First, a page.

The first time I went out on the ocean with the Alaka‘i Nalu, I was in seat five of their first and oldest canoe, the seat where the steersman in seat six could best keep an eye on me. The canoe was named Ka lā hiki ola, the dawning of a new day.
The kaona (hidden meaning) I now hold in that day’s memory, was that she represented my hope in all we would do together as an ‘OHANA, one bonded by our ALOHA and MĀLAMA for each other. When I climbed into that canoe, I was making a deliberate choice as to what I was going to give my attentions to. It sent a strong message to my Alaka‘i Nalu too, for up until that moment they’d expected, and received, a degree of managerial detachment from me, separating my world view from theirs. It would be the day that separation ceased to be, and thus, the day my managing results significantly improved.
That day figured prominently in my own search for PONO, and it would indeed be a turning point in my relationship with the Alaka‘i Nalu: They didn’t believe I could understand them completely until I had been out on the ocean with them.
They’d been right.
—adapted from the Ka lā hiki ola Epilogue in Managing with Aloha
As I’ve written of before, I’m not one who believes the effective manager must be able to do each task those they supervise and direct must do. Our goal as managers isn’t equal ability, it’s complete awareness so we can understand exactly what it is we need to manage. I will never be an expert paddler or great swimmer, yet the Alaka‘i Nalu were much wiser than I in realizing I needed some of their “Can do” confidence in the canoe for myself most of all. It wouldn’t be the first time I’d discover I had much to learn from my employees, nor the last!
Within KA LĀ HIKI OLA (literally; the dawning of a new day) is a little word that is immensely powerful: Hiki.
Hiki means ‘Can do.’
Hiki implies both possibility for lā, the day at hand, and ability, the ability to ho‘o, and make something happen.
Therefore, what KA LĀ HIKI OLA alludes to, is that you have the ability to do what it takes to make your life (ola) happen in the way it delivers best possibility to you.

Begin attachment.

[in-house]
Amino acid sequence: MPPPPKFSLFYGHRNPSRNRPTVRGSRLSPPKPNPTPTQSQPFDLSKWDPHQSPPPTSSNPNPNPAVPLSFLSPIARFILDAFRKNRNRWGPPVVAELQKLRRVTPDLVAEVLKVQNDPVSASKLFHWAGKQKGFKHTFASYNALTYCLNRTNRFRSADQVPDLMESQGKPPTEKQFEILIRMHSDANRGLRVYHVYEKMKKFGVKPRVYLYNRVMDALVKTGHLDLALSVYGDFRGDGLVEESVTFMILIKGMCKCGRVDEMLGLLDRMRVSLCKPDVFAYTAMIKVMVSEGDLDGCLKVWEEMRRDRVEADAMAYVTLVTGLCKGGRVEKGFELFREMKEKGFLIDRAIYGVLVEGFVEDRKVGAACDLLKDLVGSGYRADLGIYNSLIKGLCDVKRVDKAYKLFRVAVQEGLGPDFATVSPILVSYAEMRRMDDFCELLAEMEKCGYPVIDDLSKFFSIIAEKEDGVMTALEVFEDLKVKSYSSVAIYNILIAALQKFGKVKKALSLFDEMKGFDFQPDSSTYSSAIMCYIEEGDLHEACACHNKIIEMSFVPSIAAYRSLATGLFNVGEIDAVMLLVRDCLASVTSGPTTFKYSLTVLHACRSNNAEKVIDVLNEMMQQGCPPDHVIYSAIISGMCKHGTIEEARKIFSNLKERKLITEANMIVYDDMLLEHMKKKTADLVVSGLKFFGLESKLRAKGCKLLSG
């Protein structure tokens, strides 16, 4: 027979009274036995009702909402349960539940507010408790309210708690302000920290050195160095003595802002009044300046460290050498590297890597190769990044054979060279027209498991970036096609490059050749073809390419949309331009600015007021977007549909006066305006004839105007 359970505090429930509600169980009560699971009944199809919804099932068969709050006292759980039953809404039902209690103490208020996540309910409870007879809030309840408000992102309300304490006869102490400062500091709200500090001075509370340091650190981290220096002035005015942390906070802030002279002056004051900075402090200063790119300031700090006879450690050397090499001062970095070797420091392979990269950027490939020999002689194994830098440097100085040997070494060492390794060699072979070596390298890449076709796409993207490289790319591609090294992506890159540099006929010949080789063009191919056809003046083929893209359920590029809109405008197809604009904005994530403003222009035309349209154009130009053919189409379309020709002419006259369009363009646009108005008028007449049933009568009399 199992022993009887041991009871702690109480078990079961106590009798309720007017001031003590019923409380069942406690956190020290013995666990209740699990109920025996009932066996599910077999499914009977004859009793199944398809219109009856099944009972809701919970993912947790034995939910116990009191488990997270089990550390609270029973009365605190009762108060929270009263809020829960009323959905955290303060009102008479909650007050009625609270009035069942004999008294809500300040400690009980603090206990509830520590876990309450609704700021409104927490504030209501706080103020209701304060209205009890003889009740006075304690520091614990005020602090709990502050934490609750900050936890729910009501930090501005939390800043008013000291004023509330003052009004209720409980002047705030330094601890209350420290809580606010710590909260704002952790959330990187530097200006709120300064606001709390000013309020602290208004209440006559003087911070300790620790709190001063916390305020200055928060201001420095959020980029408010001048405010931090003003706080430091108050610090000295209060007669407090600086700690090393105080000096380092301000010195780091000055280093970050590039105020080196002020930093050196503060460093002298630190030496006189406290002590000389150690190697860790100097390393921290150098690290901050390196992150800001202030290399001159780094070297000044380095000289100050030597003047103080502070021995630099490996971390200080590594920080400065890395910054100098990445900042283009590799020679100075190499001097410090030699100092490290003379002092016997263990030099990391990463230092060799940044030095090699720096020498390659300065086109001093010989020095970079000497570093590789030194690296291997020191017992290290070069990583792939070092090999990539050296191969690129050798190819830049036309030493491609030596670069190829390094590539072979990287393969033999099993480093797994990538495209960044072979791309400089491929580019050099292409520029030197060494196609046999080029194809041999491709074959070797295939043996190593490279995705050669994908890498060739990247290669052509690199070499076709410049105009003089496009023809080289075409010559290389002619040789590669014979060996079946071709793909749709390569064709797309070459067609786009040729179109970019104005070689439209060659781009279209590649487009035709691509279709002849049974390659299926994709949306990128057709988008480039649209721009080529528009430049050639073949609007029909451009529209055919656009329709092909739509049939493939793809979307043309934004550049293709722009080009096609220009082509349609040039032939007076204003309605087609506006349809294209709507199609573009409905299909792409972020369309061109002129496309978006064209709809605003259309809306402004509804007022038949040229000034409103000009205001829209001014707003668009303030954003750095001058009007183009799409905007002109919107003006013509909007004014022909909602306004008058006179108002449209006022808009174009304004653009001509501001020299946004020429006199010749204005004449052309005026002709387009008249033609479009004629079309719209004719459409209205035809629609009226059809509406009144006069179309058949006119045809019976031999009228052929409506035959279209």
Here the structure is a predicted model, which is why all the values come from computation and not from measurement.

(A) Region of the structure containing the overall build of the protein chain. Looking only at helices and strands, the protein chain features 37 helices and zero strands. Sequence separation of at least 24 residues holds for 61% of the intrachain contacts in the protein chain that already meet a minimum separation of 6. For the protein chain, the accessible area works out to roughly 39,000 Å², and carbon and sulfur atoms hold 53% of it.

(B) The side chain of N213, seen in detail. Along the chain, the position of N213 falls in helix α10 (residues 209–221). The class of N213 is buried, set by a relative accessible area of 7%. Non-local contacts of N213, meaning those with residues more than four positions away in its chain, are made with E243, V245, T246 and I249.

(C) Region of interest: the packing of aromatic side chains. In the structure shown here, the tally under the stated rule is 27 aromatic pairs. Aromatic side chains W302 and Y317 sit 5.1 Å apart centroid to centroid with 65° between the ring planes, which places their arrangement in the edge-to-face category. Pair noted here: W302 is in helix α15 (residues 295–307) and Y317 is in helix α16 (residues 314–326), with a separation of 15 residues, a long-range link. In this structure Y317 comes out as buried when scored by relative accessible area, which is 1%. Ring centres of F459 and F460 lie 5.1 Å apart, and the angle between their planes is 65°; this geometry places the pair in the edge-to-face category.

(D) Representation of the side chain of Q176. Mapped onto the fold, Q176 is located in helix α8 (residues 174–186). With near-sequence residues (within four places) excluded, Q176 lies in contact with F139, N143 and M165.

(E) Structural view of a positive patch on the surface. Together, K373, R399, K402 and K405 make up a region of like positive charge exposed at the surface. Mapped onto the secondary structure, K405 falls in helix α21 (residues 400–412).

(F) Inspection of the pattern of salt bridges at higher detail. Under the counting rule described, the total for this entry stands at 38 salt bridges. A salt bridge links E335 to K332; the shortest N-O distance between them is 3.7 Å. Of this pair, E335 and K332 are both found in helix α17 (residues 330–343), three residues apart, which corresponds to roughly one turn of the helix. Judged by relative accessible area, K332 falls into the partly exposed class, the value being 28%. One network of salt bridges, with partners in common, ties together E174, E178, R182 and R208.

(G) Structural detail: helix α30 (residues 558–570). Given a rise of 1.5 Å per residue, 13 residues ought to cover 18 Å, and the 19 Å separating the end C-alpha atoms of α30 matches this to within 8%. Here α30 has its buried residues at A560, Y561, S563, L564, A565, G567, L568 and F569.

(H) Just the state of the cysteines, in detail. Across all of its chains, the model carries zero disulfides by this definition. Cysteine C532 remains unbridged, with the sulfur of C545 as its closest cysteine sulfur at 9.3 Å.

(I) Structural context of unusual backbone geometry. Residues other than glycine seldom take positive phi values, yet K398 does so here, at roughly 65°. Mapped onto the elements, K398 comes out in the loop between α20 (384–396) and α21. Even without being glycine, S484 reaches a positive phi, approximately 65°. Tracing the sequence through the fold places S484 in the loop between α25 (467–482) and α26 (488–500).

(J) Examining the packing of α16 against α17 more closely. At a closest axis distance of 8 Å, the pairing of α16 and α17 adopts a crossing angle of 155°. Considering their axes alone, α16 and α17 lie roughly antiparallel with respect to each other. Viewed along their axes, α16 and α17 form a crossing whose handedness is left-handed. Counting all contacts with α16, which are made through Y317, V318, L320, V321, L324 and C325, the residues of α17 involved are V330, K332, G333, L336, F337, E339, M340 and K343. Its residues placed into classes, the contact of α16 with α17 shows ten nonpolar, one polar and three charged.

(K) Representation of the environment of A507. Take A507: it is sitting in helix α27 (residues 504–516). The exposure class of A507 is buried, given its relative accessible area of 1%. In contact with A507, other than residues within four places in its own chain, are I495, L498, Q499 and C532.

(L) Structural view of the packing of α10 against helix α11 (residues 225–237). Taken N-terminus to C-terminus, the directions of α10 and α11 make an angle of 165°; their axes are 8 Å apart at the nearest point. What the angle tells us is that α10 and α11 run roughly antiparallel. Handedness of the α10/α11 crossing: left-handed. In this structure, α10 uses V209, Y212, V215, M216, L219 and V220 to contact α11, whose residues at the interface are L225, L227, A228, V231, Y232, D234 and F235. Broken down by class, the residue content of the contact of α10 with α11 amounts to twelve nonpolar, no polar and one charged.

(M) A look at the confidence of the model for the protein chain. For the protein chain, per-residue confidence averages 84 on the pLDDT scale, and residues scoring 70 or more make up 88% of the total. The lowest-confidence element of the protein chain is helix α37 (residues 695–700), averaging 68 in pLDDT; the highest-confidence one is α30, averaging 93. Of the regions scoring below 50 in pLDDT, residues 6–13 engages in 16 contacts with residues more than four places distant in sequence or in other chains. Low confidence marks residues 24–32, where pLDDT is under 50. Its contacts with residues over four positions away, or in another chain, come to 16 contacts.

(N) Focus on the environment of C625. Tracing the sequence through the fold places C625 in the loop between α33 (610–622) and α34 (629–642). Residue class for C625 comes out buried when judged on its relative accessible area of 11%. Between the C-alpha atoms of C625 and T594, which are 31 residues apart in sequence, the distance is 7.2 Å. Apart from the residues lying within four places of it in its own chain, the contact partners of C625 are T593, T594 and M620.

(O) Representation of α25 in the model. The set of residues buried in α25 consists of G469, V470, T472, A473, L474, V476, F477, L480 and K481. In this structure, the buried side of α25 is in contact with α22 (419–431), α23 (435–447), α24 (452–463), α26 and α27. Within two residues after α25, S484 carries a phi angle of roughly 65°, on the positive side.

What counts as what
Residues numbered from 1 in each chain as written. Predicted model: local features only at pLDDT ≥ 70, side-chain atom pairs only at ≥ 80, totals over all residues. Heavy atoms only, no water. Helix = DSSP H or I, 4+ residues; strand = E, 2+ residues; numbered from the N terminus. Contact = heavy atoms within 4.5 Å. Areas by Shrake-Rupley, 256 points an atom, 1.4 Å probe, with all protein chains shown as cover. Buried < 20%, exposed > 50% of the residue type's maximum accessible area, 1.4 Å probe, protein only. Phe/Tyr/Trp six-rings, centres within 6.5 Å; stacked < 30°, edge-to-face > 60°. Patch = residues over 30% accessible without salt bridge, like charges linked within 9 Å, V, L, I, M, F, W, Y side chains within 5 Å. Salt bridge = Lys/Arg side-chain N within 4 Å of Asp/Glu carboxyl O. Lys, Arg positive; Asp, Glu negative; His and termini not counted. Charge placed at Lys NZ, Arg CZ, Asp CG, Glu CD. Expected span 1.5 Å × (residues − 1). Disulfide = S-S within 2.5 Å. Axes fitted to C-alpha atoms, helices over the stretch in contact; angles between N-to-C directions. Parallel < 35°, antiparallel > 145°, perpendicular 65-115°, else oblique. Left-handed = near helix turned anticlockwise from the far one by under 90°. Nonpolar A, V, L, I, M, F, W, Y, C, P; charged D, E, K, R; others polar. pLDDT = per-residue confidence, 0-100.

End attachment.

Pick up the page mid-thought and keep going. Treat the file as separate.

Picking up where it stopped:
Values are what we lay claim to: We own up to them because we believe in them deeply.
Thus, to lay claim to KA LĀ HIKI OLA as a value, is to say you deeply believe you can do whatever it takes to improve your life, your work, your future.
Put ho‘o, to make something happen, together with hiki, your confident knowledge in your own ‘Can do’ ability to get it done. Always ‘can,’ and never ‘won’t.’
Ho‘ohiki then, becomes the promise you make to yourself.
The promises we make to ourselves are powerful, for we don’t accept our own excuses. We ‘fess up’ to ourselves more readily than we do to anyone else.
Now think about that “dawning of a new day” we know KA LĀ HIKI OLA to literally mean:
“New” is always so tantalizing, isn’t it. Though some cynics who wax nostalgic will seek to temper our enthusiasm (ignore them!) we know that “new” means a fresh energy of some kind, carrying with it the hope and promise of some difference, and perhaps, an extraordinary difference.
New is innovative, new is bold.
In our attentions, new is rarely lowly or unimportant.
New is novel, new is contemporary; new is never tired or old-fashioned.
New is modern and new-fangled. New is up-to-the-minute. New is original.
No matter our age, no matter our circumstance, new can always be within us.
We can be tantalizing.
We can be fresh.
We can be innovative.
We can be bold.
We can be novel.
We can be contemporary.
We can be modern, up-to-the-minute and original.
We can, and we will, when that’s what we choose with HO‘OHANA intention.
Next time you open your journal, consider writing a Ho‘ohiki Statement of Intention for the KA LĀ HIKI OLA you lay claim to; the “dawning of the new day” you have the ability to create for yourself.
You can do it as a personal exercise, or you can do it together with your team. I have an example for my company, Say Leadership Coaching, that you can look at as an example: Ho‘ohiki: We Promise. It is something I have always publicly published as a public commitment to make good on my own word. You will notice that it is written as a collection of “we will” statements for me and those I consider to be my ‘Ohana in Business (Key 6).
If you wish to, use the comment boxes here to make your Ho‘ohiki a public commitment too, for you have the entire Ho‘ohana Community of Managing with Aloha practitioners and Alaka‘i Managers available to support you. If you have written statements like this before and can make suggestions for others, or share your own experience with them, please do.
We can also talk story here about the “New.” What will that be for you, or for your business or workplace? What kind of ability will you be drawing from to feather the nest you confidently create?
Mahalo, thank you for reading today, sharing your fresh energies here with me.
Read more about Ka lā hiki ola here: KA LĀ HIKI OLA